Imendayev's act of insanity was filing a series of legal complaints against local officials, police, prosecutors and judges, alleging corruption, violation of court procedures and cronyism — charges that are far from rare in today's Russia. The prosecutor, a frequent target of Imendayev's darts, called his behavior "paranoia." [ . . . ]

"This has only just resurfaced in recent years, and for a time we couldn't even believe it was happening. But now it seems quite clear that such abuses are on the rise, and that this is a trend," said Yury Savenko, president of the Independent Psychiatric Assn., an advocacy group of professional psychiatrists that has pushed for mental health reforms in Russia.

The ranks of the "insane" over the last three years have included women divorcing powerful husbands, people locked in business disputes and citizens, like Imendayev, who have become a nuisance by filing numerous legal challenges against local politicians and judges or lodging appeals against government agencies to uphold their rights.

And there is so much more to it all.

Monday, May 29, 2006

Therapists Just Don't Get It!

It is always interesting to consider the ethical responsibilities of therapists for the larger world around us. Yes, folks need to deal with their personal problems. But there are other issues that put some personal issues into some sort of perspective.

With that, As seen on this blog

As you probably know from bitter experience, therapists get endless brochures advertising workshops, seminars, continuing education events, conferences on psychology and psychotherapy.

Almost all of them focus exclusively on the human-human relationship and nature is never mentioned.

Take the latest brochure I’ve received. It’s touting the upcoming Psychotherapy Networker conference on “The Creative Leap.” [...] The conference will offer everything from “Creativity Day” to the latest on ADHD, couples counseling etc. etc. plus words of wisdom from various gurus but only one workshop that acknowledges maybe our world and planet are in a BIG mess.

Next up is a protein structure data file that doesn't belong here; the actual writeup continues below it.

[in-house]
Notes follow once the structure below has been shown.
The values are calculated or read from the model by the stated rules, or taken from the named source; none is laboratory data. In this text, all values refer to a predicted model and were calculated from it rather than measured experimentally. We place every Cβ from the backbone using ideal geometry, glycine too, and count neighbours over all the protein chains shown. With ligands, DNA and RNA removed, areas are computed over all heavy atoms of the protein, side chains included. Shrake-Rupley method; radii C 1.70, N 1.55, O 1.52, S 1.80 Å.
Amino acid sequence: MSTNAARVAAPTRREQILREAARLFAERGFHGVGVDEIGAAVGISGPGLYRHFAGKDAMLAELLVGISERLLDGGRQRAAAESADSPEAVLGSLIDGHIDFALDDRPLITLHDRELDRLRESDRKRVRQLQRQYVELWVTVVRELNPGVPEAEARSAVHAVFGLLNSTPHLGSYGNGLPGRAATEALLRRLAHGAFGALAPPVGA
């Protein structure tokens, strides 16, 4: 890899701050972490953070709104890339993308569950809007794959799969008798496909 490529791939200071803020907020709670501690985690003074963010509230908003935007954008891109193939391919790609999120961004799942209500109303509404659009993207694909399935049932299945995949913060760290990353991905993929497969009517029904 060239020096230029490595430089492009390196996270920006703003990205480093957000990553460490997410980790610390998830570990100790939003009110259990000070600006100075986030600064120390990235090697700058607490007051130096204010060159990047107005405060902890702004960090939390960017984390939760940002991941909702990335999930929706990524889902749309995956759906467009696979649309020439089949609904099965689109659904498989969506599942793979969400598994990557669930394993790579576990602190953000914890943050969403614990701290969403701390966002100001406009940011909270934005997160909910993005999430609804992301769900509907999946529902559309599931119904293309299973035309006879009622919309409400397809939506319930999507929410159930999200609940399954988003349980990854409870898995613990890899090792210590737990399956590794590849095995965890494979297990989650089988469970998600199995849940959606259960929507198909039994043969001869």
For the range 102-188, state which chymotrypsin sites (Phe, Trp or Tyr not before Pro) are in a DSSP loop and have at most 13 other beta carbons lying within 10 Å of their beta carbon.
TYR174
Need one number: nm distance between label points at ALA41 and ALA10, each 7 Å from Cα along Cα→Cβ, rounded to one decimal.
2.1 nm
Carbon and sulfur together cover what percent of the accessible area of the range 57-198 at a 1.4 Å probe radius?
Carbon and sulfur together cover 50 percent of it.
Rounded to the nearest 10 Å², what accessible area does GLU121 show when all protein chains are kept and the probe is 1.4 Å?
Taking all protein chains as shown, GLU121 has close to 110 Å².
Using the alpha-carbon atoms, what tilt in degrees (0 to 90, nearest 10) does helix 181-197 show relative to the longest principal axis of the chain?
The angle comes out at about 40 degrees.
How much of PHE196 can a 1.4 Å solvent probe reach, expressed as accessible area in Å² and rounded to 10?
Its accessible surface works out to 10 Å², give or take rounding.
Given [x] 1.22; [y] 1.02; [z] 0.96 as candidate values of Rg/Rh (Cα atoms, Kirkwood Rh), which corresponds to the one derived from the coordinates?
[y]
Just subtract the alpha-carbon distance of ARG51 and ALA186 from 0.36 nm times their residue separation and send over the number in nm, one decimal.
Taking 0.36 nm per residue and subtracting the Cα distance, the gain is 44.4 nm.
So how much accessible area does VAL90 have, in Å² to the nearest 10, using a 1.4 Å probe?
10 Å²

And nothing on the importance of healing the human-nature relationship before we extinguish ourselves and take that big creative leap into dodo-land!

Al Gore gets it. Even George W. Bush gets it (he admits we’re addicted to oil). But what about the experts in the dysfunction of the human psyche?

THEY STILL DON’T GET IT!! Talk about fiddling while Rome burns…

Anatomy of media hype

As seen here, by Chris Rangel.

When the media begin operating with a mob mentality it's easy to understand how this skews the public's perceptions of the reality of these stories.

Media swarms or clustering and over-reporting on stories is one side of the problem. On the other side is selective reporting that is a hugely practiced but little known phenomenon.

For example, in the late 80's and early 90's the media was swarming over reports that silicone breast implants were being linked to autoimmune diseases but when several epidemiological studies were published that found no links what-so-ever, hardly anyone in the media noticed.

But what about media hype contained within a specific article? Jack Shafer from Slate takes a look at the latest media swarm; the "epidemic" in methamphetamine abuse and picks apart the "reporting" by the Washington Post.

Apparently poor reporting tends to cherry pick from the statistics buffet, use broad terms that are open to interpretation like "epidemic" without being more specific, and avoids details and exact information.
"Health officials say 75 percent of patients in some clinics have abused the drug, a big increase from a few years ago"

Which health officials?
How many clinics?
What clinics?
An increase of how much?
How many years ago?

Best of all is the use of sources who at first glance should be "experts" on this topic but at best have only anecdotal data and at worst have a conflict of interest in saying something that contradicts the slant of the story!

The use of law enforcement personnel as sources for stories on drug abuse trends is about a useful as a sports announcer who informs us that the team that scores the most points is going to win. Have you ever met a police officer who actually knows national or regional crime rates (or a doctor who knows national shifts in HMO enrollment rates)?

And what department spokesperson is going to admit to a trend that would result in lower funding for their department?

Best of all is the habit of "reporters" in assuming that their "expert" sources are actually experts who get their ideas and opinions strictly from data, independent of previous media hype! All of this likely results in the following;
  1. Law enforcement official reads about the latest "epidemic" in drug abuse
  2. this article focuses his/her attention on relevant cases in the department
  3. reporter interviews official about these cases and asks opinion on trends
  4. official confirms that these cases are increasing without providing hard data or only partial statistics or anecdotal data
  5. reporter reports that official confirms that these cases are on the increase
  6. official reads this story that confirms the latest "epidemic" in drug abuse.

And so on and so forth.